I am a writer with more than 20 years experience, including 13 years at the Atlanta Journal-Constitution, where I won awards for my education coverage.
For the past nine years, I have focused on writing for nonprofit organizations, including website content and print collateral.
My experiences as a journalist and a volunteer inform my work as a writer for nonprofit organizations. I want my words to work with images, video, and design to inspire action and make people's lives better.
In addition to my work for nonprofit clients and universities, I have written articles, essays, and op-eds on education, the environment, and other issues. My work has appeared in the Chicago Tribune, the Miami Herald, Adoptive Families, Mother Nature Network, Georgia Trend, and other publications.
I am currently director of marketing and communications at the Center for the Study of Law and Religion at Emory University.
I have been involved for many years with nonprofits. I served on the boards of The Museum School and the Urban Youth Harp Foundation and was co-chair of the parent-teacher organization at International Community School.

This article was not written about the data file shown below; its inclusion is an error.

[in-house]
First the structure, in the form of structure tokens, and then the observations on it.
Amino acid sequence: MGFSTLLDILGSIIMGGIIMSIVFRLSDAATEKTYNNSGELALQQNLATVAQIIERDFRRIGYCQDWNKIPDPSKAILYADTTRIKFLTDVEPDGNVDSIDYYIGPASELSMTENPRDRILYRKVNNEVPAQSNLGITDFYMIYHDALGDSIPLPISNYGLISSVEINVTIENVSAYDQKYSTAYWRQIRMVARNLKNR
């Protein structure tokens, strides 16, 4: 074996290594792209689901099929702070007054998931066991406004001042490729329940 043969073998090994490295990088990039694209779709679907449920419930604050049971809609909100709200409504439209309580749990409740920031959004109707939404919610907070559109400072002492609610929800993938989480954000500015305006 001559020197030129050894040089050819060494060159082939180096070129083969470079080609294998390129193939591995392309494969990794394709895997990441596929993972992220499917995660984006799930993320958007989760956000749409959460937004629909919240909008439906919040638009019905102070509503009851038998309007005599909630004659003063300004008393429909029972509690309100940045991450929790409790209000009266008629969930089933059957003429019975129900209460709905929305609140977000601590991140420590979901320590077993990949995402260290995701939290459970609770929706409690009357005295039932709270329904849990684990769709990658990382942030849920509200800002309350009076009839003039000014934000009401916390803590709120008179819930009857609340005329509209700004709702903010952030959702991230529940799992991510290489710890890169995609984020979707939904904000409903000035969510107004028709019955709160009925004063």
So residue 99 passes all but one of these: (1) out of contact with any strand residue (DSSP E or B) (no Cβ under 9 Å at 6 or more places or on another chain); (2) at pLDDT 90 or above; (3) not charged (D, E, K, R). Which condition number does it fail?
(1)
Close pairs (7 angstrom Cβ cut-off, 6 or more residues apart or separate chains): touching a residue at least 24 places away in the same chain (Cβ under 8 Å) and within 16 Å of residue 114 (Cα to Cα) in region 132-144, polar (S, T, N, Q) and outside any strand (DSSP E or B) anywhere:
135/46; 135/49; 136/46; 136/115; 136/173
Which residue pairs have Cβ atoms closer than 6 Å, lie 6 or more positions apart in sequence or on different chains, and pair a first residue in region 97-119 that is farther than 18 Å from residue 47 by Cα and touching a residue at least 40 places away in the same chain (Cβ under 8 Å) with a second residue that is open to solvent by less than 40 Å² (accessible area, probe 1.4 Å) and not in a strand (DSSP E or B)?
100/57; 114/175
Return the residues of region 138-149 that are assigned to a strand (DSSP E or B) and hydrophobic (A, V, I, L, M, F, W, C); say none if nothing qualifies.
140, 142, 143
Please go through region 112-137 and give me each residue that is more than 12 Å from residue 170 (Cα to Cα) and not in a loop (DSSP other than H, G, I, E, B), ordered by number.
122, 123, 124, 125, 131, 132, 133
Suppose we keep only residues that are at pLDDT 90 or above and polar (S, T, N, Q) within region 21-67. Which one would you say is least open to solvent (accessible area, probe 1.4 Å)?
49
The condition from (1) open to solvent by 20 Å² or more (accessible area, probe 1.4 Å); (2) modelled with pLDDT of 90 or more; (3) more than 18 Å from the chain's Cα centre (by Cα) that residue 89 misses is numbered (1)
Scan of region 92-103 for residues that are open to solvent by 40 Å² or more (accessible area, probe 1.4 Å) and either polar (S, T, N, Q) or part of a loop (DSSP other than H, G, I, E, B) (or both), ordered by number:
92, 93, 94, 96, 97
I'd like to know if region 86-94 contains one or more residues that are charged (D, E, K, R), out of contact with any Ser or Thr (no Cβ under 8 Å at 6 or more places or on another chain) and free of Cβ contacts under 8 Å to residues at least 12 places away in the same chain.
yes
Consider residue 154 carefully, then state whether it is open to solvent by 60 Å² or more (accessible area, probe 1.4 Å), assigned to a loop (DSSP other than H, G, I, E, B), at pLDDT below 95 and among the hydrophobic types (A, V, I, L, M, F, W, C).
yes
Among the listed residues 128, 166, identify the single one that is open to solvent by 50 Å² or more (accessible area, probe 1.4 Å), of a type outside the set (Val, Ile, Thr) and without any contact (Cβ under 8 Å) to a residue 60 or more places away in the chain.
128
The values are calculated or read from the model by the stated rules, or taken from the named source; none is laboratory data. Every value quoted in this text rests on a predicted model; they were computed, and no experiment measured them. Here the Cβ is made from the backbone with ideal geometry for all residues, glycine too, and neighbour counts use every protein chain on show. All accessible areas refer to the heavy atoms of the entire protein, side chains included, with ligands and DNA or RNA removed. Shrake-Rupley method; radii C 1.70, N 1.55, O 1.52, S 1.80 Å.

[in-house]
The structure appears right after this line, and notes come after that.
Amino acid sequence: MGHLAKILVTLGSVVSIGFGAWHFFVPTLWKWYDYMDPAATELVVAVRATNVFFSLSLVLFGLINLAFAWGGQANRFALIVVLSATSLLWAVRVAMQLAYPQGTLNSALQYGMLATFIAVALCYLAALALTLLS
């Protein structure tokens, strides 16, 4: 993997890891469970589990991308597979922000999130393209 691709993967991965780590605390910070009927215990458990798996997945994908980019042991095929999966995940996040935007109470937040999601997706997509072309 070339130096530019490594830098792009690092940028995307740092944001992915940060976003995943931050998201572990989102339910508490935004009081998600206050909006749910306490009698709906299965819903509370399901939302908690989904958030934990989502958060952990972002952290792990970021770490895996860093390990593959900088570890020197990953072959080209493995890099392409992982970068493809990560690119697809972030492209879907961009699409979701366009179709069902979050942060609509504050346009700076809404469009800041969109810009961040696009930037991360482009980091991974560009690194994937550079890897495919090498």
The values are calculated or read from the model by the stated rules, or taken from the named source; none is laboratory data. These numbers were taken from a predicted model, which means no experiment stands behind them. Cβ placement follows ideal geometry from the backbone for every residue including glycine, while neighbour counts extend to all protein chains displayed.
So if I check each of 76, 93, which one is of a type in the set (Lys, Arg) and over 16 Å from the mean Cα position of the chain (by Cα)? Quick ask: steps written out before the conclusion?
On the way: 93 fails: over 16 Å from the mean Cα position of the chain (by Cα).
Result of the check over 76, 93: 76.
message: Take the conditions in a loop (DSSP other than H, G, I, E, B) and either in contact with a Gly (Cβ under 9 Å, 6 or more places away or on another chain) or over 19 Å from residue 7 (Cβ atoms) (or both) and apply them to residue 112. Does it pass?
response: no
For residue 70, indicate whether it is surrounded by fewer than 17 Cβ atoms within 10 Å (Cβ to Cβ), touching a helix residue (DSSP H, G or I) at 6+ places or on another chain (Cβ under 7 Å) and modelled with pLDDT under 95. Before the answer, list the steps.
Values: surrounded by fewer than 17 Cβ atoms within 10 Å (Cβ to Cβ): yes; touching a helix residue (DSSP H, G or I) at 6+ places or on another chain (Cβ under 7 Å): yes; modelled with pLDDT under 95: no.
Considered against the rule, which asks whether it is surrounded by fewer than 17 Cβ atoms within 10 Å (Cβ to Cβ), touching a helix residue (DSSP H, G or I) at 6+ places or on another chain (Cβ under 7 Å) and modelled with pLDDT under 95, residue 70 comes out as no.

As a volunteer for Hands on Atlanta, I coordinated a Saturday tutoring program for nine years. I was named a Daily Point of Light by the Points of Light Foundation and honored twice by the Atlanta Journal-Constitution for my volunteer work.
While working as an education reporter, I founded the Get Schooled blog, which was a model for education blogs around the country and a finalist for a National Online News Association public service award.
What I enjoyed most about the newspaper business was the ability to make people’s lives better through the power of the printed word. Starting in 2000, I chronicled the struggle of Candace Anderson, a local high school student whose mysterious illness robbed her of her senses. Readers from around the world responded. When the state revoked the home health care Candace’s family depended on, news coverage got the services restored. My coverage of standardized testing forced the state to make public the number of correct answers necessary to pass.
I graduated from the University of Massachusetts at Amherst in 1991, with a degree in journalism. I have a master’s degree in professional writing from Kennesaw State University. I live in Avondale Estates with my husband, daughter, and dogs. In my free time, I love knitting, enjoying the local restaurant scene, promoting reading in my community, and supporting my neighborhood school, Avondale Elementary.